Communities&Banking 13 Percent of Total Population that is Foreign Born in New England Cities and Towns, 2000


less than 5% 5 - 10% 10 - 15% 15 - 20% greater than 20%

Source: U.S. Census, 2000.

14 Fall 2004

United by a Language

New England is a hub for Portuguese-speaking people—be tatorship that was stifling freedom in their home country. It was they from Portugal, Brazil, or Verde. Portuguese immigrants not until 1976, when Portugal’s longstanding regime fell and are the region’s largest foreign-born group. Brazilians constitute economic opportunities improved dramatically, that the stream of one of the leading groups of recent immigrants, and more Cape Portuguese immigrants slowed to what today is a mere trickle. Verdeans live here than anywhere else in the United States. The However, the remaining cultural and linguistic networks became a Portuguese language has drawn these three groups to New critical draw for the major wave of Portuguese-speaking England, but today it is one of the few things to unite them. immigrants to New England—Brazilians. New England’s lusophone immigration traces its roots back According to the U.S. Census, 23.2 percent of the more than to the and the days of Moby Dick. In the , whal- 200,000 Brazilians living in the United States in 2000 made their ing drew thousands of Portuguese immigrants to southern home in New England. However,these figures likely underestimate Massachusetts. Providing a vital source of fuel, was a the region’s Brazilian population. According to Lois Josimovich of booming industry and New Bedford, Massachusetts, was at its cen- the Massachusetts for Portuguese Speakers (MAPS),“The ter. Boats leaving from Buzzards Bay in search of sperm whales in Census figures are inaccurate due to serious undercounting. Many the eastern would often in the Azores, , Brazilians are undocumented, and many others do not access the and to restock their with , water, and other Census for a variety of reasons.” The Brazilian Consulate in supplies. These were all Portuguese , and as captains Boston estimates that there are at least 200,000 Brazilians living in returned home with their , they brought hundreds of Massachusetts alone. Portuguese sailors with them. This new wave of Portuguese speakers has settled primarily Soon, Portuguese communities were flourishing in New in Boston, Framingham, and Somerville, Massachusetts, and in Bedford, Fall River, and other nearby areas, and even after the Danbury, Connecticut.“Brazilians are coming to the United States whaling industry collapsed, thousands of new immigrants from the primarily for employment opportunities,” says Elsa Gomes, devel- Portuguese and the mainland flocked to the area. For opment and communications assistant at MAPS.“Many are choos- decades, new Portuguese immigrated to southern New England, ing to settle in New England because they hear about the region’s seeking better economic opportunities and escape from the dic- strong concentration of Portuguese language and culture.” Despite being drawn by the region’s existing Portuguese and Cape Verdean networks, Brazilians have not smoothly integrated with these groups. For exam- ple, separate Cape Verdean, Brazilian, and Portuguese organizations provide and advocate for the services their popula- tions need, and these groups have yet to embrace one another.“MAPS is currently the only organization in New England that brings all Portuguese-speaking people together,” says Gomes. “Building relationships among the groups takes a certain amount of adjust- ment on everyone’s part,” says Gomes. “Many of the older generation have for- gotten what it was like to be new to this country, and life was different when they arrived. Today’s immigrants face a new array of challenges that older immigrants can’t relate to. Regardless of differences, we have this language in common. It can bring us together and help us to the needs of New England’s entire Portuguese-speaking community.”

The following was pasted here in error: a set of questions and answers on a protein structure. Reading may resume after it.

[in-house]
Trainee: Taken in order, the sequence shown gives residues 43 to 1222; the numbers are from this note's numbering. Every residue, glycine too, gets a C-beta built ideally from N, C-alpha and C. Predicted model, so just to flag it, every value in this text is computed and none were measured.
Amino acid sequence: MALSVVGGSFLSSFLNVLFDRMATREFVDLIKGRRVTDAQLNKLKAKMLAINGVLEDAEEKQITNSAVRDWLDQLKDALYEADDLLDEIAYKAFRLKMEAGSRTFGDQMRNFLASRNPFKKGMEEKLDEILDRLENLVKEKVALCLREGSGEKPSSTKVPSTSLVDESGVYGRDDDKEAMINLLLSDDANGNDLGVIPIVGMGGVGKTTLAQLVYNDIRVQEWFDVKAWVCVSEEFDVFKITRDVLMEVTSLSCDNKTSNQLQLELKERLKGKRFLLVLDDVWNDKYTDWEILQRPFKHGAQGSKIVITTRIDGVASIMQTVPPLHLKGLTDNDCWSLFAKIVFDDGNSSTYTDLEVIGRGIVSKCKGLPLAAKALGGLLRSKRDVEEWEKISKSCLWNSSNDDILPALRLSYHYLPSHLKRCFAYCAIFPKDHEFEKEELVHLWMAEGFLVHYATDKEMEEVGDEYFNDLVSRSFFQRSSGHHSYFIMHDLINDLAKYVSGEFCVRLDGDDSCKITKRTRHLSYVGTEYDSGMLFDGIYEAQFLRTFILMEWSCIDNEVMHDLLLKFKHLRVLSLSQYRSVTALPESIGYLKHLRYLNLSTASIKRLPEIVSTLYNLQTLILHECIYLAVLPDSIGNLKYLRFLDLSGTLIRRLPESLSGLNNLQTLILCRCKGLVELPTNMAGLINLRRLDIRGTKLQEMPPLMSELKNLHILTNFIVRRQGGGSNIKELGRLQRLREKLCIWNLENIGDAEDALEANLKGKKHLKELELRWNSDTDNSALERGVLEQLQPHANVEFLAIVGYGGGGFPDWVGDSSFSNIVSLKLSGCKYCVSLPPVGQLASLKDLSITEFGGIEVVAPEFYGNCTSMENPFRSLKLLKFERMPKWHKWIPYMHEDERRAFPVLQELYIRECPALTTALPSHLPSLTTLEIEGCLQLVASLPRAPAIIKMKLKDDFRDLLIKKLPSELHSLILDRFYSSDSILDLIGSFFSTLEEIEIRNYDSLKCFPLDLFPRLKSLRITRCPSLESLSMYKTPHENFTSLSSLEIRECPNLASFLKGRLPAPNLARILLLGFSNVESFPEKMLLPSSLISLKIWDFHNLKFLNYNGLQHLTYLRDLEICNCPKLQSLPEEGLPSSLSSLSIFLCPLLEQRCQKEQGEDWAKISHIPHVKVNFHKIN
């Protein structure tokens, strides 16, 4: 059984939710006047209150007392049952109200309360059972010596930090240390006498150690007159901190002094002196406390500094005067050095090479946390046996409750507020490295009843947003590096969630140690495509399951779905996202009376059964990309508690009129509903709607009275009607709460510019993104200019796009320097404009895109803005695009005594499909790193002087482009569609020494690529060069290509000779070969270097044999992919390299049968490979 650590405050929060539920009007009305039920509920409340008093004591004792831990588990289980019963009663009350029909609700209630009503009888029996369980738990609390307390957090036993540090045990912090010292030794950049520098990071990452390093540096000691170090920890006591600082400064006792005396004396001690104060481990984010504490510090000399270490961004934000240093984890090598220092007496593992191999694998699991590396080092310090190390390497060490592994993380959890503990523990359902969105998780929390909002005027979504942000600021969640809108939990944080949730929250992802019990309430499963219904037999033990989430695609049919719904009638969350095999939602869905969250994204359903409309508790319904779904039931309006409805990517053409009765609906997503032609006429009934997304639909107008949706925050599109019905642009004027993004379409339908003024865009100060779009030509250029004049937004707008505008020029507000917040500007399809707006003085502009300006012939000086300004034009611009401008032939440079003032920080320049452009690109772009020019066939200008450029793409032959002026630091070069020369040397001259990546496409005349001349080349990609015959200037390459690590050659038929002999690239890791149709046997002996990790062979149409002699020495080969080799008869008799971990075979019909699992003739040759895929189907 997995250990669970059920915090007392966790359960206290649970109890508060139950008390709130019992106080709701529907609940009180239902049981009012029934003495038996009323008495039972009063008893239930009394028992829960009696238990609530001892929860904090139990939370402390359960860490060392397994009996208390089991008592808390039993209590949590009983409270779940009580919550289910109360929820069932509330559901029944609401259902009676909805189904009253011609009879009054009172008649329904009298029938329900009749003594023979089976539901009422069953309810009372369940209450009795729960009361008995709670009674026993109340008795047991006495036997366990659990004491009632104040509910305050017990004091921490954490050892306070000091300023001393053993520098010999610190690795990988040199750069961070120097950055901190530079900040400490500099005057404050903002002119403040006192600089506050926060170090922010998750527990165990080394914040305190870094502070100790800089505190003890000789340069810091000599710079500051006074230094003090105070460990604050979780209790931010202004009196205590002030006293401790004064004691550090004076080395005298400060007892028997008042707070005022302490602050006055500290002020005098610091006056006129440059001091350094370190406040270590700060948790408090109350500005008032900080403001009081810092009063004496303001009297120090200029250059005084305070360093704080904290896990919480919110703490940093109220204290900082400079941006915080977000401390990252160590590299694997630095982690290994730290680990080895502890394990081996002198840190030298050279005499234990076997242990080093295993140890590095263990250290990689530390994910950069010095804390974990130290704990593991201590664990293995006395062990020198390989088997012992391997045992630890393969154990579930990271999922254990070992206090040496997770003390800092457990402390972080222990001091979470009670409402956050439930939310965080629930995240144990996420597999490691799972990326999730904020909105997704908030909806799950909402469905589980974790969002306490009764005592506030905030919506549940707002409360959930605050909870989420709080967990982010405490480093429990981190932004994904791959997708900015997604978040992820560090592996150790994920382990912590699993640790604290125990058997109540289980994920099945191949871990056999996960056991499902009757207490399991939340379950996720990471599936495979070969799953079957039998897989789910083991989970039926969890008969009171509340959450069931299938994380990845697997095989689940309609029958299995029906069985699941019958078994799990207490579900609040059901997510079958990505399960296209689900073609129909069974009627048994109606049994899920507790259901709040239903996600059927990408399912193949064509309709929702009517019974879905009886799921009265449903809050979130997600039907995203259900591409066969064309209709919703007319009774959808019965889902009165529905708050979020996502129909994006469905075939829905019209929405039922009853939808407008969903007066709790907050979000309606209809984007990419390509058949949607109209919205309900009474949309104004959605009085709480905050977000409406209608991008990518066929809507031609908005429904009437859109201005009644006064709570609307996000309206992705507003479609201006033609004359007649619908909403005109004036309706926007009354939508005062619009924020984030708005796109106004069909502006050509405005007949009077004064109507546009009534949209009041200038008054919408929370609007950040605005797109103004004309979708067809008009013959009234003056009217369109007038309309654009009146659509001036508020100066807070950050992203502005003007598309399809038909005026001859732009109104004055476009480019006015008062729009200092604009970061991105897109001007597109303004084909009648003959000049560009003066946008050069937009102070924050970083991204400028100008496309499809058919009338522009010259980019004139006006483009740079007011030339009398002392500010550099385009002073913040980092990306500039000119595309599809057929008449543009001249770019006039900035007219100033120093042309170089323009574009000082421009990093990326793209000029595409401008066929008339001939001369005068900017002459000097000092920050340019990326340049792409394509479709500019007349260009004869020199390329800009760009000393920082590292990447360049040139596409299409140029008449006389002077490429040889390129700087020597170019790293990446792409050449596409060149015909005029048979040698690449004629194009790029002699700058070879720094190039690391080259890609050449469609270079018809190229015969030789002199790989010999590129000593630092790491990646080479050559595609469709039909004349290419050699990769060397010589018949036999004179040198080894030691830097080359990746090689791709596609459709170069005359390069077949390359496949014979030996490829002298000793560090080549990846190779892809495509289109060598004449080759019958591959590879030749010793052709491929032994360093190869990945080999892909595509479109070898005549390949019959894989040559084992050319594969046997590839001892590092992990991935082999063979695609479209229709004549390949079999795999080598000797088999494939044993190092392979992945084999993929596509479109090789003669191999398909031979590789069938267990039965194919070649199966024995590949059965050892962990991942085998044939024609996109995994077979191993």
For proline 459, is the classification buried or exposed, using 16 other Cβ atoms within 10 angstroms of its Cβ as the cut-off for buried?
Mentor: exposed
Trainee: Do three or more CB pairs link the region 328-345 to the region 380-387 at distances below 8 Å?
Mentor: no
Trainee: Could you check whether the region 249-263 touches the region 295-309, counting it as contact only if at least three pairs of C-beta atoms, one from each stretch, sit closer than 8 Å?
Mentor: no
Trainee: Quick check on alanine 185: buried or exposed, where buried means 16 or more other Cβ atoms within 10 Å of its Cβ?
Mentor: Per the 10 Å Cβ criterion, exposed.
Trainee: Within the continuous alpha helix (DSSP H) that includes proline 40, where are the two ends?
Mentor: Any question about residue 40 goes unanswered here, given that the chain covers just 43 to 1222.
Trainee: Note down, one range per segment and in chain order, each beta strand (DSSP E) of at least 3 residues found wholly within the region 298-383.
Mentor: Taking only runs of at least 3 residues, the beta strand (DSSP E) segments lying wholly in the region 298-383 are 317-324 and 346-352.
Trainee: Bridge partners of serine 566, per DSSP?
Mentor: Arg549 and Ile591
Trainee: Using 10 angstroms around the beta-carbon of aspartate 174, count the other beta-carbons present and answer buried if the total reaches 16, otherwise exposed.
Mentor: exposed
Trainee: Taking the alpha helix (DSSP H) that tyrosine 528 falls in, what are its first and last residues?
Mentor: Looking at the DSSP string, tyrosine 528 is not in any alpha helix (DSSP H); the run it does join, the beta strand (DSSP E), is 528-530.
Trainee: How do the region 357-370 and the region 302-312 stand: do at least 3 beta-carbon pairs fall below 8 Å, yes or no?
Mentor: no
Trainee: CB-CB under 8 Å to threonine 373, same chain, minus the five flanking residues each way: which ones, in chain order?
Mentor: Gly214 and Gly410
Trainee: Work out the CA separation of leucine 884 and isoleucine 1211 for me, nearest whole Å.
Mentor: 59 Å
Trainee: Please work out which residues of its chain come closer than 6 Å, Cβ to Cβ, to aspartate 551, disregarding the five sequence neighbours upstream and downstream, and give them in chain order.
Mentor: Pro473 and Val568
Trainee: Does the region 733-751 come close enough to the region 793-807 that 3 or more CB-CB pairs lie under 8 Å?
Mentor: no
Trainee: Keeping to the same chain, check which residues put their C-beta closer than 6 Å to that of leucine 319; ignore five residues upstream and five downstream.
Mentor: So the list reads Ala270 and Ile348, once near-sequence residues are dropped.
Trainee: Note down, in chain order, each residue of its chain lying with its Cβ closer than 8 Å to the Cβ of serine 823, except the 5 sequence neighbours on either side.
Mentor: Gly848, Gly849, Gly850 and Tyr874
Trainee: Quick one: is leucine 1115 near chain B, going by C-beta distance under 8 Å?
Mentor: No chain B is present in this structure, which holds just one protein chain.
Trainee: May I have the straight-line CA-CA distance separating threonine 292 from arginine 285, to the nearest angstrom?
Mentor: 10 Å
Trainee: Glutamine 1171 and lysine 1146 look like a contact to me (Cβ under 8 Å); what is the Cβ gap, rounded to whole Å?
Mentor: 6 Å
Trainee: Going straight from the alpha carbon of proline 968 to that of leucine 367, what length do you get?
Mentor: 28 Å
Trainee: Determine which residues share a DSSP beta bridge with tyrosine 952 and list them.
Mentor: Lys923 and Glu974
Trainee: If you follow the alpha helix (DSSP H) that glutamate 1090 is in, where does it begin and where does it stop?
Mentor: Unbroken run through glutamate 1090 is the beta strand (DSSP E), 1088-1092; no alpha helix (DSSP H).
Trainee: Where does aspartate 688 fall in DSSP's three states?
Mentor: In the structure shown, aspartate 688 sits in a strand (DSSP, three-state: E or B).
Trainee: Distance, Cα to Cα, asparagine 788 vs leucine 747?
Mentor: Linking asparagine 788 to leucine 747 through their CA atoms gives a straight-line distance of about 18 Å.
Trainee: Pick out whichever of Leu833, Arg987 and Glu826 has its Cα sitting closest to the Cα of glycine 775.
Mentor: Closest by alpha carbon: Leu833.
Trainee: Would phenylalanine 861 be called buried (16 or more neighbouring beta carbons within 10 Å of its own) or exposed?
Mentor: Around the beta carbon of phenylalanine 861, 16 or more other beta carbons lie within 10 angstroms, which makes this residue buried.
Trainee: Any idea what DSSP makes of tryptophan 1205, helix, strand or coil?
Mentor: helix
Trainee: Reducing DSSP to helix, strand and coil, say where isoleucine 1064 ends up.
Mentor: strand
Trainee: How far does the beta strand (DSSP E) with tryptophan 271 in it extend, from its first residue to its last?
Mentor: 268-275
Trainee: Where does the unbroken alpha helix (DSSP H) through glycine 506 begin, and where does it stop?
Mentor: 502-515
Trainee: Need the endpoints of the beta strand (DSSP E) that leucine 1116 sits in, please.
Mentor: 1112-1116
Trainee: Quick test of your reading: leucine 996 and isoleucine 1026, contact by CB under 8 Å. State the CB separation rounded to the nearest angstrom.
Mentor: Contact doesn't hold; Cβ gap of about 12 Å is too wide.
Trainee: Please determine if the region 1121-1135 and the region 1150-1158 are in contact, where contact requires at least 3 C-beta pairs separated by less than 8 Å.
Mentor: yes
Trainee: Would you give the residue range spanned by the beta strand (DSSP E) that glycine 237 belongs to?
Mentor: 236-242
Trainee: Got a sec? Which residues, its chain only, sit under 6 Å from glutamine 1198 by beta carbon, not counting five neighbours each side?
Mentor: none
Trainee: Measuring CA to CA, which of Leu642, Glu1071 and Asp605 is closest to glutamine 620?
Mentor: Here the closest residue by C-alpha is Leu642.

One of the many bilingual businesses in Framingham, Massachusetts.

Immigrant Settlement Patterns in Southern New England, 2000


Lawrence Portugese Lowell Dominican Italian Chinese Brazilian Lynn Worcester Boston 1 dot = 100 people Springfield Framingham Brockton Providence


Danbury Hartford

Fall River New Bedford New Haven


Stamford Source: U.S. Census, 2000.

percent), and Boston, Massachusetts with significant populations of account for 6.6 percent. Polish immi- (17 percent). The majority of Jamaican Dominicans, Jamaicans, Trinidadians, grants make up 8.8 percent of New immigrants (66 percent) live in and others nestled there. On the other Britain, Connecticut’s population, and Connecticut, with particularly large side of , in the neighborhoods of Dominicans are 21.4 percent of the res- populations in Hartford (18 percent) and /Brighton, idents in Lawrence, Massachusetts. and Bridgeport (12 percent). Moreover, many of New England’s Central and Whether it is the Salvadorans in 23 percent of Guatemalans live in South American populations have made Chelsea, Massachusetts, the Canadians Providence; 27 percent of the region’s homes. For examples, 56 percent of in Madawaska, Maine, or the Jamaicans Cambodian population lives in Lowell Salvadorans live in East Boston and the in , Connecticut, immi- (see sidebar, page 17); and 23 percent of surrounding communities. These grants settle in communities that they Vietnamese live in Boston. neighborhoods also support large popu- hope will support them as they establish Even within the 48 square miles of lations of Colombians, Brazilians, themselves in this country. Boston, recently immigrated groups Guatemalans, and Mexicans. How well are New England’s tend to reside in specific pockets of the For some New England towns, one immigrants doing on the road to suc- city. Over half of the city’s Chinese of these concentrated clusters can make cess? The Federal Reserve Bank of immigrants live in the up a significant percentage of the com- Boston’s research is finding that by neighborhood of central Boston or in munity’s population. For instance, some indicators, the region’s immi- the Allston/Brighton area. Haitians are Chinese immigrants make up 5 percent grants are better off than most U.S. mainly clustered in the neighborhoods of the population in Quincy, immigrants. They are set apart by their of , Hyde , South Massachusetts. In Central Falls, Rhode high levels of educational attainment, Dorchester, and Roxbury. These same Island, Colombians constitute 11.4 per- income, and occupational status. four neighborhoods are home to many cent of the total population, while in However, while the region’s immigrant other Caribbean immigrant groups, Framingham, Massachusetts, Brazilians population is doing better than average,